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In this corner, JJ Doc Richard, the reigning king of greyhoun

May 31, 1995

MONTGOMERY, Ala. (AP) _ In this corner, JJ Doc Richard, the reigning king of greyhound racing, with a 37-race winning streak.

And in this corner, Pat C Rendezvous, the dethroned champ who held the previous world record of 36 victories in a row.

Yes, the usually obscure world of greyhound racing is starting to take on a boxing-like tone. Challenges issued. Challenges rebuffed. Both sides trying to make, well, excuse the pun, doggie points for their canine.

Off the track, JJ Doc Richard and Pat C Rendezvous sound like they would get along just fine. Both have a definite sweet tooth _ the Doctor woofs down birthday cake and vanilla wafers, Pat C craves marshmallows _ and both revel in the adulation of their fans.

But it doesn’t look like they’ll be getting together any time soon. Too bad, because that would be quite a stare-down and pre-race news conference. ``Ruff, ruff, ruff,″ Pat C might bellow. ``Grrrrr,″ the Doctor could respond.

Pat C, known as Rhonda to close friends, is willing to race Doc Richard any time, any place, any length, her spokespeople say. They feel like the Doctor, a specialist at 5-16 of a mile, built his mark against inferior competition at Mobile Greyhound Park, a financially struggling track on the Alabama coast.

(Pat C, by the way, was unavailable for comment).

``A lot of us are skeptical about the way it was run,″ said Pat C trainer Jay Rangel, defending the honor of the pooch who set the record last year running 3-8 of a mile at Palm Beach Kennel Club in south Florida.

``Shoot, that dog (Doc Richard) never met up with the other real good dog there. Shoot, when Rhonda was on her streak here, she ran against the best night in and night out. People put dogs in there trying to beat her.″

Those might sound like fighting words, but Doc Richard isn’t ready to put his championship collar on the line any time soon. He’s swaggering around the kennel, knowing he can pick and choose his competition.

``Pat C Rendezvous is the ex-champion, we are the reigning champion,″ said Jack Boyd, the Doctor’s owner. ``Until we lose a race, we’re not interested in running a two-dog race. That wouldn’t prove anything.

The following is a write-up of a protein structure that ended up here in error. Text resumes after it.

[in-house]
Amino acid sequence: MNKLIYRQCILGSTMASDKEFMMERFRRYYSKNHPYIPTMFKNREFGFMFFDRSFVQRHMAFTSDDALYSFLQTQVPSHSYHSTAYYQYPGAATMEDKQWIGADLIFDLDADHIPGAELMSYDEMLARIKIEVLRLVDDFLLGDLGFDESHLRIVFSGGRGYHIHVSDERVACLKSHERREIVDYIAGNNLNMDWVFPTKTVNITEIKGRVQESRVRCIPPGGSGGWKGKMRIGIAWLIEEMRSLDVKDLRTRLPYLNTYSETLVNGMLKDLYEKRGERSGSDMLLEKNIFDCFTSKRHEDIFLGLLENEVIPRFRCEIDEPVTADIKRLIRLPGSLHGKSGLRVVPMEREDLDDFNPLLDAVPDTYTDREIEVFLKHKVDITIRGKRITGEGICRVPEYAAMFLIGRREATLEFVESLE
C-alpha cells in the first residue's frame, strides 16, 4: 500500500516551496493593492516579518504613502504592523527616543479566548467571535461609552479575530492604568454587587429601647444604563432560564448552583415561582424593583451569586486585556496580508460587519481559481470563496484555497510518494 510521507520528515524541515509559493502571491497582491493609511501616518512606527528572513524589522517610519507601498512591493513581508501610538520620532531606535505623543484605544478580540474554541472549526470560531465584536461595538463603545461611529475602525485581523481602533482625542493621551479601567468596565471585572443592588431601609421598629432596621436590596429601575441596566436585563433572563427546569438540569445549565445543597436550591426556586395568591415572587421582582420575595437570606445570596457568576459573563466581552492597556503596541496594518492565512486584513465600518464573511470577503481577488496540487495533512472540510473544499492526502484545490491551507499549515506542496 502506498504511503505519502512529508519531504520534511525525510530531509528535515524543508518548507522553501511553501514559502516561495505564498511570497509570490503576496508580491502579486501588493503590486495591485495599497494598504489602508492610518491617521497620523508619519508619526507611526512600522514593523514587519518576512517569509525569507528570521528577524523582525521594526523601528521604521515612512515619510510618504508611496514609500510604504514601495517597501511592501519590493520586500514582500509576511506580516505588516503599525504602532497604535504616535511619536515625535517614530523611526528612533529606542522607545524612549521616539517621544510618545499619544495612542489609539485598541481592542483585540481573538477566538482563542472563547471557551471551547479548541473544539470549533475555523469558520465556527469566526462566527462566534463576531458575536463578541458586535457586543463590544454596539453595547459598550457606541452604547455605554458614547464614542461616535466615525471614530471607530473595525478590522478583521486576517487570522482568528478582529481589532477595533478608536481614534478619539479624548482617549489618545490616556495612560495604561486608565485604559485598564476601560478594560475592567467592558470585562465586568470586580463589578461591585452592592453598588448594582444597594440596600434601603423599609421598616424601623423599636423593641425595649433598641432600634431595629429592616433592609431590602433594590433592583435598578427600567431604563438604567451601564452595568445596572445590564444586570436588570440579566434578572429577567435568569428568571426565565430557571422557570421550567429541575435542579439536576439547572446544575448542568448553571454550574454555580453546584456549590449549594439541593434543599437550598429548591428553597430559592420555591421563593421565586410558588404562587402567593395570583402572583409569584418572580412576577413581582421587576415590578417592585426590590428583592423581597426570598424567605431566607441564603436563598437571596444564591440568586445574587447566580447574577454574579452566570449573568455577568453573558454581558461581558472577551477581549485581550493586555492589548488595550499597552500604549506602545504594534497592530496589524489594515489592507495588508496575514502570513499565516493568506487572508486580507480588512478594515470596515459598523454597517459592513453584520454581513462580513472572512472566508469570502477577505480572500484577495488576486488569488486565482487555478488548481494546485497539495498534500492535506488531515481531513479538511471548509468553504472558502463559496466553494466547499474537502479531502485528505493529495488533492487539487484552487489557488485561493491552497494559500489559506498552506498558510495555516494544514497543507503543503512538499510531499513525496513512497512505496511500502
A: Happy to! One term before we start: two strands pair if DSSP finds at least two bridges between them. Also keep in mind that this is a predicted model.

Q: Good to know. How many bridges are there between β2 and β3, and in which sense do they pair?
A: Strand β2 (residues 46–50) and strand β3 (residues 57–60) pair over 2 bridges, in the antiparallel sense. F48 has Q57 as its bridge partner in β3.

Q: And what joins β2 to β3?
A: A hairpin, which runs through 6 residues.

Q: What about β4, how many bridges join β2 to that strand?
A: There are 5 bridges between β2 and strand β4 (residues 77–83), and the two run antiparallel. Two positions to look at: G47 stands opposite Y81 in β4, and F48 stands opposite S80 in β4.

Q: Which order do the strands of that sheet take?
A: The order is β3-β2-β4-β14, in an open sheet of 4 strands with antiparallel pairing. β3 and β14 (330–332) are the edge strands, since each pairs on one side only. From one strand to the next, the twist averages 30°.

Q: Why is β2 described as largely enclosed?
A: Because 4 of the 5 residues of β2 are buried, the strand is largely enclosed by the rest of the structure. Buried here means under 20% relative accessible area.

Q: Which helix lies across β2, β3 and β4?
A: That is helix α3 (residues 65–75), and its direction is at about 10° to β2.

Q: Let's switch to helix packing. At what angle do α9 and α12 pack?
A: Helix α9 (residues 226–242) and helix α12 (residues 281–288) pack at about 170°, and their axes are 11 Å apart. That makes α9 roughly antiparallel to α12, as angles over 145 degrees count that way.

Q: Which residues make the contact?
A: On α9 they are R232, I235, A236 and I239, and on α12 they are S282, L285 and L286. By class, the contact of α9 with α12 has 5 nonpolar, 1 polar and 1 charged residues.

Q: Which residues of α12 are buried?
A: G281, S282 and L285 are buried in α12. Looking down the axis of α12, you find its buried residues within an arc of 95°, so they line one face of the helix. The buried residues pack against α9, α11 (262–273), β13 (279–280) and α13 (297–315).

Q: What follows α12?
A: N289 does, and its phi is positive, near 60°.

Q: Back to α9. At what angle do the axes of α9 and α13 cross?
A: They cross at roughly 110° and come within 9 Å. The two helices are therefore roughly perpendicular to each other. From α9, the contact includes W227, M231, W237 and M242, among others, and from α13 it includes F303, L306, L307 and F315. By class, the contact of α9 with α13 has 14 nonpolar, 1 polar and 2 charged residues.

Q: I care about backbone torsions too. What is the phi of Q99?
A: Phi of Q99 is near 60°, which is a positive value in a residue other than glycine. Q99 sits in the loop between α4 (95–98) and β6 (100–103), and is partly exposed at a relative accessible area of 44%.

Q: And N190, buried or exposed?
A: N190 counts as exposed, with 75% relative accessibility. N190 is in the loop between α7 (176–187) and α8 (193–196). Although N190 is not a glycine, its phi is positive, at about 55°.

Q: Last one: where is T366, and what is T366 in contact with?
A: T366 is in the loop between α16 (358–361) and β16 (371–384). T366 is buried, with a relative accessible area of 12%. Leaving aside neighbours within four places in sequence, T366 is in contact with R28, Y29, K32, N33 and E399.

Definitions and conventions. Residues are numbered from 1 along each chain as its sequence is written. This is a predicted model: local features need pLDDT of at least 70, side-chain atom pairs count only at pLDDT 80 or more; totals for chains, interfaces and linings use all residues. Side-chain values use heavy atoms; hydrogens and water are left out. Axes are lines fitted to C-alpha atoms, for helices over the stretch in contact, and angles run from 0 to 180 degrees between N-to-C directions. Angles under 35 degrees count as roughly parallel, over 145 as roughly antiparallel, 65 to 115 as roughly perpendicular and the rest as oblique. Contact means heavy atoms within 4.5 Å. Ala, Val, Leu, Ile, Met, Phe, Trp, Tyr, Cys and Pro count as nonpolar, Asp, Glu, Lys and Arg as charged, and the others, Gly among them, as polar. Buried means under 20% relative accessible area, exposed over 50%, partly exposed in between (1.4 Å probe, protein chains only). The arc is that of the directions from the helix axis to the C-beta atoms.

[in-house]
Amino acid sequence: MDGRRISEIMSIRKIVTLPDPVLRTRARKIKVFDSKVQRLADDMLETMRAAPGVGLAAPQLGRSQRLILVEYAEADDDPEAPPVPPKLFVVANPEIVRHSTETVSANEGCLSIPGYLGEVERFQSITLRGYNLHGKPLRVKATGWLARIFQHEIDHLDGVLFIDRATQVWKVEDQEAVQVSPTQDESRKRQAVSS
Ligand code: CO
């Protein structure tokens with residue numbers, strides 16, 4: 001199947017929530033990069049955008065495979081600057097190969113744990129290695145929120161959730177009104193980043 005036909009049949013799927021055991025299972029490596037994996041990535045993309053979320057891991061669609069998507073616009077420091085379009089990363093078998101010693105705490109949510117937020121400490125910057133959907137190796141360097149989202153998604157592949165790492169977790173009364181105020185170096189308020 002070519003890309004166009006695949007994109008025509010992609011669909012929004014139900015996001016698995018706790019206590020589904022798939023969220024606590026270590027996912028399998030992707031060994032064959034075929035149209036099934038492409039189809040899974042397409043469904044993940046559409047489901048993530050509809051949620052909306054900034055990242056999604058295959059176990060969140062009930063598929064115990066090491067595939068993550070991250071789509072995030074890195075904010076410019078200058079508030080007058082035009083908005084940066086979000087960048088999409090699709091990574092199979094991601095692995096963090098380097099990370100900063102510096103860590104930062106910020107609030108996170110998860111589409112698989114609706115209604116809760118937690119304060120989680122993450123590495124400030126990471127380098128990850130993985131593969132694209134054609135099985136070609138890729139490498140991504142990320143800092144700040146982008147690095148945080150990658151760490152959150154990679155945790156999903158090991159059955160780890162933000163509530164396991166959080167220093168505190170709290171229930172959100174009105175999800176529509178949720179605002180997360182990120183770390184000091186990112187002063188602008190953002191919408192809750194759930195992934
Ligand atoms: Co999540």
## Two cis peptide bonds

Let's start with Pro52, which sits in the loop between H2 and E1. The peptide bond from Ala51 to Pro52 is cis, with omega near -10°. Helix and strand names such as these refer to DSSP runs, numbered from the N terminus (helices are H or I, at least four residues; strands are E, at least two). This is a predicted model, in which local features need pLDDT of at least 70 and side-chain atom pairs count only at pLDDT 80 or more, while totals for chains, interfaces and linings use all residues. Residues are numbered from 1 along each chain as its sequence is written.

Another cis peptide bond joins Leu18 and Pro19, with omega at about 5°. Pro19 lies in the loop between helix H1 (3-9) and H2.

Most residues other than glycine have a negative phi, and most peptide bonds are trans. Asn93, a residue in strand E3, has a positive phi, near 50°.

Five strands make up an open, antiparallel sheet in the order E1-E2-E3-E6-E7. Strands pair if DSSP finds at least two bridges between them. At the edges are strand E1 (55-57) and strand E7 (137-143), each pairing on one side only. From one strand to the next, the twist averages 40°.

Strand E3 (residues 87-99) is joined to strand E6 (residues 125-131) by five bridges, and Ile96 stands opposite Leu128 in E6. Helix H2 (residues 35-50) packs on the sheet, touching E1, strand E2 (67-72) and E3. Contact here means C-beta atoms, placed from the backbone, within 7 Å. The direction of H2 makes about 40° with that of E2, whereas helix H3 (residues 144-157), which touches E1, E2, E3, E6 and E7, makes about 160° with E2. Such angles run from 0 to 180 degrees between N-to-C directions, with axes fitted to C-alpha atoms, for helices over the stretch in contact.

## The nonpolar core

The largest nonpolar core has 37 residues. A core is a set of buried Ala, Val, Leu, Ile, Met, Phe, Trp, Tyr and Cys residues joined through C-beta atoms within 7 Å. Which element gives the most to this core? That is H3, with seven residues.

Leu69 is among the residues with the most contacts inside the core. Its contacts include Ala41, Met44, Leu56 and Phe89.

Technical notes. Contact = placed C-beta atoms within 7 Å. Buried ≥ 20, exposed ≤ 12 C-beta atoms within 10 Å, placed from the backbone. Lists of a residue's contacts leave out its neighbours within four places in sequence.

``I would like to extend the record as far as possible to make it more difficult for someone to break.″

Pat C’s supporters find that concept particularly galling, since their dog’s winning streak was broken in an invitational race against top-level competition. ``We could have done the same thing here and she would have gone on winning forever,″ Rangel insisted.

JJ Doc Richard set the record Monday night, jumping out of the box with his trademark quick start and cruising to a 6 1/2-length victory. The red-haired, 3-year-old canine was presented with a trophy, a new blanket and a dozen roses, then made the rounds with his fans in the clubhouse with the crowd of 1,760 _ about twice the usual Monday night turnout despite a rainy evening.

``We walked him in the crowd and let the people pet him and talk to him,″ said Martha Freeze, Doc Richard’s trainer. ``He eats that up. He likes the attention.″

During his streak, JJ Doc Richard has yet to meet arch-rival All All Stacy, who is the only other dog at the Mobile track who can keep pace with the Doctor, observers say.

``That taints it a little bit,″ said Gary Guccione, executive director of the National Greyhound Association in Abilene, Kan. ``It would have been nice if they would have gone ahead and raced him against the best on the grounds.″

That’s just the luck of the draw, said Len Motykiewicz, director of racing for Mobile Greyhound Park.

``He did run against (All All Stacy) four times last year, and he beat it four times,″ Motykiewicz said. ``Somewhere down the line, they’ll probably meet again. ... There’s been no effort to make easy races and no effort to make hard races. He just ran in the normal draw of the races.″

Pat Collins, owner of Pat C, conceded that a 37-race winning streak is a major accomplishment, no matter the quality of opposition. JJ Doc Richard posted the first victory on Nov. 14 and usually ran twice a week.

``It takes an awful good dog to win 37 races in row, 30 races in a row _ even five races in a row,″ Collins said. ``He’s got to be an extremely fast greyhound.″

And with the last word is Art Laughlin, general manager of Palm Beach track and a big Pat C fan. He casts his vote in that dream match race with ... the Doctor.

``Pat C Rendezvous is nowhere near where she was last year,″ Laughlin said. ``I do think their dog would be too tough for Pat C at this point.″

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